Nokia oustrips forecasts with strong Q4 results
Finnish mobile giant Nokia has smashed analyst predictions by posting strong quarterly earnings and increasing its market share, and says more is to come.
Nokia has posted better-than-expected quarterly earnings, with profits up 64 per cent year-on-year.
For the three months to December, the mobile phone maker posted a net profit of 948 million (820 million), up from 551 million (476 million) a year ago and significantly outstripping forecasts of 620 million (536 million).
With analysts unanimous in their praise, Nokia's share price on the Helsinki stock exchange jumped nearly 10 per cent to a three-month high yesterday.
Despite the positive quarterly figures, however, for the full year Nokia's profits fell 78 per cent to 900 million (778 million) and sales fell 18 per cent to 41 billion (35 billion) thanks to the global economic downturn.
Nonetheless, analysts were ebullient in their praise: "This was a very, very strong report overall," Evli analyst Mikael Andersson commented. "The average selling price (of mobile phones) continued to stabilise and was actually up on the quarter."
Nokia also cemented its market share, particularly in the all-important smartphone sector, where it now holds 40 per cent of the market, up five per cent on the previous quarter. Of the overall phone market, Nokia's share is 39 per cent, an increase of two per cent.
"Our performance in smartphones, combined with continuing success in the emerging markets, helped us increase sales in our Devices and Services unit, both quarter-on-quarter and year-on-year," Nokia chief executive Olli-Pekka Kallasvuo said in a statement.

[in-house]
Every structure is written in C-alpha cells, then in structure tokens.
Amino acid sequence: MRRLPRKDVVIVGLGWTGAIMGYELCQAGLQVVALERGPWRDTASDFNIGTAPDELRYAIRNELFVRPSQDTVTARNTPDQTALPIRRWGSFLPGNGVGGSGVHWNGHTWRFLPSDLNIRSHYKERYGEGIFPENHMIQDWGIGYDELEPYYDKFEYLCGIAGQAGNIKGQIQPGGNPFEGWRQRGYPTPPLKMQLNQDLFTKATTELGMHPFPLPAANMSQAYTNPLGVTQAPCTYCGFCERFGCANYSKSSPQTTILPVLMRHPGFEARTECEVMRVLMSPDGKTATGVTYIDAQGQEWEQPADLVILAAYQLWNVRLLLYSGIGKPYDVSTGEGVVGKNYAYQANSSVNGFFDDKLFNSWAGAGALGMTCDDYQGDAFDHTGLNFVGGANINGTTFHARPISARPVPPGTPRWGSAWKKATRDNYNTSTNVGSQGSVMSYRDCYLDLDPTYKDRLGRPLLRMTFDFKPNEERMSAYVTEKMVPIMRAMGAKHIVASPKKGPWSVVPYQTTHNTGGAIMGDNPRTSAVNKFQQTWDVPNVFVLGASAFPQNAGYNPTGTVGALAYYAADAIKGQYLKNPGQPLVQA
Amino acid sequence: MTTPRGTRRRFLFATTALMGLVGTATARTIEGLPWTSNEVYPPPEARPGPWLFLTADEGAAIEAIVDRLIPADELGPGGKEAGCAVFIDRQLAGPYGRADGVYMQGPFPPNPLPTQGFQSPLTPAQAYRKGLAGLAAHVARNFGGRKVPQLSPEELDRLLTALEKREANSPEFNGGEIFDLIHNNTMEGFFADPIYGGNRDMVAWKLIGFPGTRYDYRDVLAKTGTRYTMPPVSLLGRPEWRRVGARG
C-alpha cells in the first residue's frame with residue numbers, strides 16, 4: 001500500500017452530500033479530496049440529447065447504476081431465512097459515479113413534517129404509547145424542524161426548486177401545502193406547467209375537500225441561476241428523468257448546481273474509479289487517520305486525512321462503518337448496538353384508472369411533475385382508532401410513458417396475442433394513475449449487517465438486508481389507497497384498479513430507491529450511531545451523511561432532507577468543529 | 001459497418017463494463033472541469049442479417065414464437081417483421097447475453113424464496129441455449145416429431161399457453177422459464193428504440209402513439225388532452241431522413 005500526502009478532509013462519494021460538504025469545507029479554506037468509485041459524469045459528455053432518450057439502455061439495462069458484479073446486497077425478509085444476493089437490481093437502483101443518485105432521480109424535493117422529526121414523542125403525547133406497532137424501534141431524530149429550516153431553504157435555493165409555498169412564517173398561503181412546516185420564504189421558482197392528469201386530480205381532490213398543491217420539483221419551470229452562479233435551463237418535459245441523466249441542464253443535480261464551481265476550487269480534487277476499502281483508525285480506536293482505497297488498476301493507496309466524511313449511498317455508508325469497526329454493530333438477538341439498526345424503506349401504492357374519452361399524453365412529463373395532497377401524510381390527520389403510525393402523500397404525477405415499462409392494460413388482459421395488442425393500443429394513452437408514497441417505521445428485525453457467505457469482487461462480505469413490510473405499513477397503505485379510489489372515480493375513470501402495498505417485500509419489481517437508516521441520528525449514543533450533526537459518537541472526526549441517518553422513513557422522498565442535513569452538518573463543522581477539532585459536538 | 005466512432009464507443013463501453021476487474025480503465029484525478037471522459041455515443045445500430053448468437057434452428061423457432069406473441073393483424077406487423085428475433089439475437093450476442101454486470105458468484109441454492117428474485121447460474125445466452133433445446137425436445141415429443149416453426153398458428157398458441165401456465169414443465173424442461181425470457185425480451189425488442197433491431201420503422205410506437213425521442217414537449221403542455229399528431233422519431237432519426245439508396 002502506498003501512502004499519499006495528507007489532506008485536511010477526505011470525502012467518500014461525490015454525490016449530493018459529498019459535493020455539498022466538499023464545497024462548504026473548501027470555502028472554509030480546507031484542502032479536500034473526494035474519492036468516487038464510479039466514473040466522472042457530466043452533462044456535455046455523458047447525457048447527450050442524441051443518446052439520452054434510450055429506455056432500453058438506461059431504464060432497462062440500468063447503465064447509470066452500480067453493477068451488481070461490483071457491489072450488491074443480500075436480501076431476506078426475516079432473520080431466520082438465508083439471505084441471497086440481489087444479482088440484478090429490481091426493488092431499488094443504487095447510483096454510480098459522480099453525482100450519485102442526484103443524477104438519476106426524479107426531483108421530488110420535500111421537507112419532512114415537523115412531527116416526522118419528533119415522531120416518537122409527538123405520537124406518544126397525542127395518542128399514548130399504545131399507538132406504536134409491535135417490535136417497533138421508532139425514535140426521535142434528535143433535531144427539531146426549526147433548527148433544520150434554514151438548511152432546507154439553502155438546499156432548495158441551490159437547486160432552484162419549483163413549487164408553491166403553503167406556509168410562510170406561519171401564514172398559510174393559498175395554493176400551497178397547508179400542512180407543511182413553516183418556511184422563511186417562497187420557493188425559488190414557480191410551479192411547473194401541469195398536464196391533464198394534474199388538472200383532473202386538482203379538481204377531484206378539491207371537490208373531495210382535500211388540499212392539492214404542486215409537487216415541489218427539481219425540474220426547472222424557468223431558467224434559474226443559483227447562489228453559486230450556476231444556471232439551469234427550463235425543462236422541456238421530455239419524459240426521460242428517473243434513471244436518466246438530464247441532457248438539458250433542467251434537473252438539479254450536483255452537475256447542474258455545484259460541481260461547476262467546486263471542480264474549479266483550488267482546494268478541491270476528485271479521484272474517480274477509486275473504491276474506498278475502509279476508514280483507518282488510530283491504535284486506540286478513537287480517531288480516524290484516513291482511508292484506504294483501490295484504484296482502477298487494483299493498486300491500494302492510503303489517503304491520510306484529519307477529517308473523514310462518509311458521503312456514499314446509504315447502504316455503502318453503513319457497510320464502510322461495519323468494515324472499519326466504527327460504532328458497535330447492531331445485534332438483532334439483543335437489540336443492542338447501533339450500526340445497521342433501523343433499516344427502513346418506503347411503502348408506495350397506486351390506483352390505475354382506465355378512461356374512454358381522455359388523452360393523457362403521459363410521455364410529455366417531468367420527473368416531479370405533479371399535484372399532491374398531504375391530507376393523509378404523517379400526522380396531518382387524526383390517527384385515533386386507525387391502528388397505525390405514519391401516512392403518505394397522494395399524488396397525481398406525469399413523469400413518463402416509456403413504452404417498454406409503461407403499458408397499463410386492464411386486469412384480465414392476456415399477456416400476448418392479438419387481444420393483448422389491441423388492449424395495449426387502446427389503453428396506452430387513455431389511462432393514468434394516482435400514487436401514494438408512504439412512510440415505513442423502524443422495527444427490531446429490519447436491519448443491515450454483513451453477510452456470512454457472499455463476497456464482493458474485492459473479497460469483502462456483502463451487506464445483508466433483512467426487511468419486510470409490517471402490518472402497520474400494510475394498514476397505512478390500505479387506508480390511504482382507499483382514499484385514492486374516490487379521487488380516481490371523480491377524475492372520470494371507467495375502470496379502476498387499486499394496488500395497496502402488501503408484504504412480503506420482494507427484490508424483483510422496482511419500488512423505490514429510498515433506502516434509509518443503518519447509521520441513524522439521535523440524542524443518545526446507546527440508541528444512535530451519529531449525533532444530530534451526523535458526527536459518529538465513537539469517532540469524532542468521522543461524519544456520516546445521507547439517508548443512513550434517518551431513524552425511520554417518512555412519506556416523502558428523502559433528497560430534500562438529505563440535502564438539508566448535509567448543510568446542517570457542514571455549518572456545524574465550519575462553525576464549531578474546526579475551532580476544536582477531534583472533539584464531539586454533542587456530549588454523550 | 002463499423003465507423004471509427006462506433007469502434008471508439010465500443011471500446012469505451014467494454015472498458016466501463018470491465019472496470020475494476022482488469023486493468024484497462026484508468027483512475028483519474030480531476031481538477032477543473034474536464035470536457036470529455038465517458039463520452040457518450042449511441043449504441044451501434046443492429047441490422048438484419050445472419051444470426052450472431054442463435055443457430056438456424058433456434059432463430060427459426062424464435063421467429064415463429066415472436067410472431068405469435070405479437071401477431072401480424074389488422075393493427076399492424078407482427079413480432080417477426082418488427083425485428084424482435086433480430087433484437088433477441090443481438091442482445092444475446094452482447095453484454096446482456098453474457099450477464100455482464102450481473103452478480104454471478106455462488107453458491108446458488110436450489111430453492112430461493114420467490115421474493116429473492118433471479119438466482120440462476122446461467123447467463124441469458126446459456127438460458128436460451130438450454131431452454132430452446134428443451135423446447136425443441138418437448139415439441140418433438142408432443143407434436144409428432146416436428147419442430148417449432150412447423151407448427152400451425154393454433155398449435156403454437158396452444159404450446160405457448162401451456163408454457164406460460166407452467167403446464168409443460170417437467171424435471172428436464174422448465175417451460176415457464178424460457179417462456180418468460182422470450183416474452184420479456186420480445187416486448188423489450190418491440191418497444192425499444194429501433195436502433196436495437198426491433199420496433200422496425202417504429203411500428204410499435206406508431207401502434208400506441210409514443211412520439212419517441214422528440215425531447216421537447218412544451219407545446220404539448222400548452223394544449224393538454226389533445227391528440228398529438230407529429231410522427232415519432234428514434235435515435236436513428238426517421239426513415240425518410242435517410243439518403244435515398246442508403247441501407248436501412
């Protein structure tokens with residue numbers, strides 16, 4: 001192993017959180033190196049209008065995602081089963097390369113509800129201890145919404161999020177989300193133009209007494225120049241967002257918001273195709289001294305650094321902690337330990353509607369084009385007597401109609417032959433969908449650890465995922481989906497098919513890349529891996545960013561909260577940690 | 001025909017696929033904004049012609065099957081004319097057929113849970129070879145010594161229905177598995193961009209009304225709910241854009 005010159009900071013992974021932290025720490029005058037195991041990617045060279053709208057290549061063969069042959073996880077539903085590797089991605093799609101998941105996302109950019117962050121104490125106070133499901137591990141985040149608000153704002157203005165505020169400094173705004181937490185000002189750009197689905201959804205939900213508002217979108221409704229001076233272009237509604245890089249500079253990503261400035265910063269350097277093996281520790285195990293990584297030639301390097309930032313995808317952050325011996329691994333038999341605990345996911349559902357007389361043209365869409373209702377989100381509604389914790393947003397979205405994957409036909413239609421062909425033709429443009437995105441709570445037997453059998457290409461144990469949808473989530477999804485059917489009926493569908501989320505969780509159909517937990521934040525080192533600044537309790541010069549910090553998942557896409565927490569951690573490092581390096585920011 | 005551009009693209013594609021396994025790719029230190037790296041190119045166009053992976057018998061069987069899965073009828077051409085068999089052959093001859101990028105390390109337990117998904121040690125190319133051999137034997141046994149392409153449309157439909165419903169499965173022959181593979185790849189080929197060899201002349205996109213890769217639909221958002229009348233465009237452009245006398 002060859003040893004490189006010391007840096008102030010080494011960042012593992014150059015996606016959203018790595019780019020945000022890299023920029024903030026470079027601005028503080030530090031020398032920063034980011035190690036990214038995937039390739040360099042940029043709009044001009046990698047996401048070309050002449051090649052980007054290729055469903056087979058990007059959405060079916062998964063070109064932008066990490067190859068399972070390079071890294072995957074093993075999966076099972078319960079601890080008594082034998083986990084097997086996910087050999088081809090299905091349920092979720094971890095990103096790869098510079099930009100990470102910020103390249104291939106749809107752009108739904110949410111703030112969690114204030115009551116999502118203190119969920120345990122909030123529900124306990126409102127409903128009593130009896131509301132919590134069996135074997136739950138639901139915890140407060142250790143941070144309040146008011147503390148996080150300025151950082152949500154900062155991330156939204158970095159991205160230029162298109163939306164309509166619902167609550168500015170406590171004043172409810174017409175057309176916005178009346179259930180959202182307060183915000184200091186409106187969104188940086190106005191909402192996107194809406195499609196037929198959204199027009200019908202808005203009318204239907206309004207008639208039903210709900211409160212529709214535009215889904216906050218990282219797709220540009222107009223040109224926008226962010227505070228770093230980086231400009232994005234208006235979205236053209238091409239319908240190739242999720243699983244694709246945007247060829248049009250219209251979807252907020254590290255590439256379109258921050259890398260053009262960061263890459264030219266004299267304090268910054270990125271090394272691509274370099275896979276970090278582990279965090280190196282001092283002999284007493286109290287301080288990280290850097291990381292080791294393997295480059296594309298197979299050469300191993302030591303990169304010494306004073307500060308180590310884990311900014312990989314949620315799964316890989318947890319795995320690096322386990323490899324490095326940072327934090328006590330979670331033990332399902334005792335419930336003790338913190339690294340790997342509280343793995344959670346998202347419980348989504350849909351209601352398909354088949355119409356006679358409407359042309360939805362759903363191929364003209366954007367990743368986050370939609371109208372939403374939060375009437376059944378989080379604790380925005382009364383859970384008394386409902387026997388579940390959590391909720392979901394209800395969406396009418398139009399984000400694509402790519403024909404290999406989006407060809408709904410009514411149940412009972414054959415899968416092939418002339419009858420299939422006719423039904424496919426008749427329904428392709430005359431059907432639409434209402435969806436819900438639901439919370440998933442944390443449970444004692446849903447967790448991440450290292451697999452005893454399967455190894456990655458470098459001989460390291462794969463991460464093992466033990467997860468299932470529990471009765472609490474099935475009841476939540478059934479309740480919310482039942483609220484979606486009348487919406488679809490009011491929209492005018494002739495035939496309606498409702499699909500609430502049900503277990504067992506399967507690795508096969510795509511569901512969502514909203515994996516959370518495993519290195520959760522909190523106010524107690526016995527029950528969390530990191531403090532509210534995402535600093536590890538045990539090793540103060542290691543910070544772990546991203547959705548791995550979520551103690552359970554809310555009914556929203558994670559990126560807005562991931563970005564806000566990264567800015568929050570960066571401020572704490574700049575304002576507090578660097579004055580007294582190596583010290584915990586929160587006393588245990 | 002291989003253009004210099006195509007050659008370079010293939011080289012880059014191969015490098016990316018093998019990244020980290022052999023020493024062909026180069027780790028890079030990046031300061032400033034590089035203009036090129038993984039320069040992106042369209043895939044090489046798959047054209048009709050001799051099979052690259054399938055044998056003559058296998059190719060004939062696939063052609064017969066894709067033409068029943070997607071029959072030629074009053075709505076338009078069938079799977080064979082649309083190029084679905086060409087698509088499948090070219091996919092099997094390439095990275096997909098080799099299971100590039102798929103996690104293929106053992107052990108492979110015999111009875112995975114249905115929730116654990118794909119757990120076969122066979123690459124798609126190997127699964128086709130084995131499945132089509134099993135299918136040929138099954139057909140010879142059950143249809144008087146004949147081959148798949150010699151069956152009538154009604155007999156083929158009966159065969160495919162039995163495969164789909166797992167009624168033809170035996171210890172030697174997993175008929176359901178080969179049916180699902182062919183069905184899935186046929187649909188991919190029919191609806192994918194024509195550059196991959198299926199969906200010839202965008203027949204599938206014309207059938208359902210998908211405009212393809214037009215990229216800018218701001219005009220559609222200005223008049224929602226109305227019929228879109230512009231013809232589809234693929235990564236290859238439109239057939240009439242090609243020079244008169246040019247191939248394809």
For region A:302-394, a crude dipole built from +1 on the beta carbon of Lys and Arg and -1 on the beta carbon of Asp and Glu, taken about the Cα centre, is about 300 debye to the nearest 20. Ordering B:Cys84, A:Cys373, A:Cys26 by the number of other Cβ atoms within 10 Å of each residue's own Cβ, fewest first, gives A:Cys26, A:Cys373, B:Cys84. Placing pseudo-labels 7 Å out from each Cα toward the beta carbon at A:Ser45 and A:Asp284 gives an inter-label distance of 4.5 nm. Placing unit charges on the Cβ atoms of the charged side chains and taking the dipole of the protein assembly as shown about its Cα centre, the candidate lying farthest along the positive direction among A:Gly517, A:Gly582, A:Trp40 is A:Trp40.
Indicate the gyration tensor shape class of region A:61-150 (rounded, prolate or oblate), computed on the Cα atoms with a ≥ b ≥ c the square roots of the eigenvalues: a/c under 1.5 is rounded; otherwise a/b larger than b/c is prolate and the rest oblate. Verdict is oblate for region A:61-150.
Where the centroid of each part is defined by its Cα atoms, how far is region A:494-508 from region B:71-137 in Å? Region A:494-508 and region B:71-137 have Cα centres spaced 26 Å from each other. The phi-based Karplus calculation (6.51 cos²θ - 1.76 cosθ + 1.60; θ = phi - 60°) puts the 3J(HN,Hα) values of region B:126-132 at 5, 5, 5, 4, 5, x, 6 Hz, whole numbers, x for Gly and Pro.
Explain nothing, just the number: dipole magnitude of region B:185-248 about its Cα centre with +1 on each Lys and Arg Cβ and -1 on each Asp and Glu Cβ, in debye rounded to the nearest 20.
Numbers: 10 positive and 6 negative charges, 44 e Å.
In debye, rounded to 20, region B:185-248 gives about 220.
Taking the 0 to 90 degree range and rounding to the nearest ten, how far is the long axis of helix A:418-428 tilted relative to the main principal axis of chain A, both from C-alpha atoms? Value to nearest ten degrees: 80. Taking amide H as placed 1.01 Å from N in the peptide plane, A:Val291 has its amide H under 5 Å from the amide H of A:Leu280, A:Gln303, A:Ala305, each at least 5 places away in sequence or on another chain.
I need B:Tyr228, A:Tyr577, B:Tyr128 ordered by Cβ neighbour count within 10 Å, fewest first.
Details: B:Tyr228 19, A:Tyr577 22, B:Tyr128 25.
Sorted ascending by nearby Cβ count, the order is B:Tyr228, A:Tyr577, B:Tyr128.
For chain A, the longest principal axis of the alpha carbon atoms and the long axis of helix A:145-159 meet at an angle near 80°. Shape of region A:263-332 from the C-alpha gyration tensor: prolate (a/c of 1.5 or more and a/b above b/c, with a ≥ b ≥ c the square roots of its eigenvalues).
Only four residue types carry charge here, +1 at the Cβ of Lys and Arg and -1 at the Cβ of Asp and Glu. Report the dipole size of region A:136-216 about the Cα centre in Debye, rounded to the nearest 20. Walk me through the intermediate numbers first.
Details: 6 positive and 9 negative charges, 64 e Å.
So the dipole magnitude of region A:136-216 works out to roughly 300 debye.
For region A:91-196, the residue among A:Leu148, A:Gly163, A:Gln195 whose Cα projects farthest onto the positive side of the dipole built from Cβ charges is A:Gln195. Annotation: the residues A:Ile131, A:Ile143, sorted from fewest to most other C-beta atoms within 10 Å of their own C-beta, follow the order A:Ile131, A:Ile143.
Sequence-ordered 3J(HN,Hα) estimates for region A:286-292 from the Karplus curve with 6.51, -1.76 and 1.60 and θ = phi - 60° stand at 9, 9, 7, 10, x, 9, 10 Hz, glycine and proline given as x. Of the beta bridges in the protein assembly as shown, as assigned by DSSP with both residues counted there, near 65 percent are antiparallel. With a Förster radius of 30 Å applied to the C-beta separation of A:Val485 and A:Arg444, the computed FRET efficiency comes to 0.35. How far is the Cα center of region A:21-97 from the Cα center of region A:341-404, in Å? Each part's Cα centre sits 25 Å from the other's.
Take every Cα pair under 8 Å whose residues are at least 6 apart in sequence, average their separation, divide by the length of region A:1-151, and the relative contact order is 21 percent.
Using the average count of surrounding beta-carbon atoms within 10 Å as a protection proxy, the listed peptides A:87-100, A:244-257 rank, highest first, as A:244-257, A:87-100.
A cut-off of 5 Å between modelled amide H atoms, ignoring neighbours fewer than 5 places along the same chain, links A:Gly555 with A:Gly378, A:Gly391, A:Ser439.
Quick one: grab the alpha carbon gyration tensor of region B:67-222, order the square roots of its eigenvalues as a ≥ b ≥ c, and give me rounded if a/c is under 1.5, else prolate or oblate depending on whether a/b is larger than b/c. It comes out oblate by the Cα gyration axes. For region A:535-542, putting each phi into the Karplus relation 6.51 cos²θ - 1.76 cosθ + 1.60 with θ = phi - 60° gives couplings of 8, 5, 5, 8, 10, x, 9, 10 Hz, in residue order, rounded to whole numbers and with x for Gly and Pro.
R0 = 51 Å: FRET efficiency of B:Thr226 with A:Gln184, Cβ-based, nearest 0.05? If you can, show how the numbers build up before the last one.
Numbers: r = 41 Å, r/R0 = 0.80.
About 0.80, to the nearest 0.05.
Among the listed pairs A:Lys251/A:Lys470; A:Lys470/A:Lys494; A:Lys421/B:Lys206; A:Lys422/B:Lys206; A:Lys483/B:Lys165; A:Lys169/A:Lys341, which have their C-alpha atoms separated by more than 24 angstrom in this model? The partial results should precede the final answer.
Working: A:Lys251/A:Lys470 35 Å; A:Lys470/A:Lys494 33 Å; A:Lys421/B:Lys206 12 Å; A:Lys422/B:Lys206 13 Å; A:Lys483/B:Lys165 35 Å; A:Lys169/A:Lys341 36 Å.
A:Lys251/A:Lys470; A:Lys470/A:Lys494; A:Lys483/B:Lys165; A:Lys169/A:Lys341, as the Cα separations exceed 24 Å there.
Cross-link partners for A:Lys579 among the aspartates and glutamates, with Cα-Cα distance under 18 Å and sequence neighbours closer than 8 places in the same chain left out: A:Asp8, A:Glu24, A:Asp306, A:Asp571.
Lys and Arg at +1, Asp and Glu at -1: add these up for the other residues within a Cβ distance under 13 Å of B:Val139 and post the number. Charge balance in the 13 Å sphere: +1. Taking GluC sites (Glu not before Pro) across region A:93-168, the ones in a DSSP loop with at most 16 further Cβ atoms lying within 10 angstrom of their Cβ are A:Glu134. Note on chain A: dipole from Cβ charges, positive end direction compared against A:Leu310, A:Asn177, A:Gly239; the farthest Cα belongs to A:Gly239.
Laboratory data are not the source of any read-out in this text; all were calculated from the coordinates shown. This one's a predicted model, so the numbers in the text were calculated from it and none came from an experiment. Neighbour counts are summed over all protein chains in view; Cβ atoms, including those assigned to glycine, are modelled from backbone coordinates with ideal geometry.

In total, Nokia sold 126.9 million handsets in the three months, leaving Kallasvuo optimistic for the future. "We have a good portfolio at this point in time ... and we need to have a great portfolio going forward," he said.
Along with a stronger hardware lineup Nokia's online app store is also performing well, and is now averaging more than one million downloads per day. That figure is likely to gain further momentum by downloads of Nokia's latest Ovi Maps navigation app, which now delivers free turn-by-turn directions.
Nokia posted its first quarterly loss in a decade in Q3 2009, due to a combination of the weak economy and the strength of its smartphone rivals, but a string of new product releases in the final three months of the year, including the N97 mini, the X6 and the N900, drove it back into the positive.
"The biggest surprise was that they managed to hike their market share in smartphones, which have been seen as Nokia's weakness," said Nordea analyst Martti Larjo.
Despite the positive results, Nokia has cut its research and development spending by nine per cent, its sales and marketing spend by 18 per cent and administrative expenses by 15 per cent in a further attempt to streamline its operations. Overall, 2009 saw 2,276 jobs cut, or about 1.8 per cent of Nokia's total workforce.
For the year ahead, Kallasvuo promised a string of new high-profile smartphones, and possibly a tablet computer to take on Apple's iPad.
"Apple continues to be a great competitor, no doubt about that," Kallasvuo said. "But we have our assets as well. Our strategy is in democratising the smartphone in a massive way."
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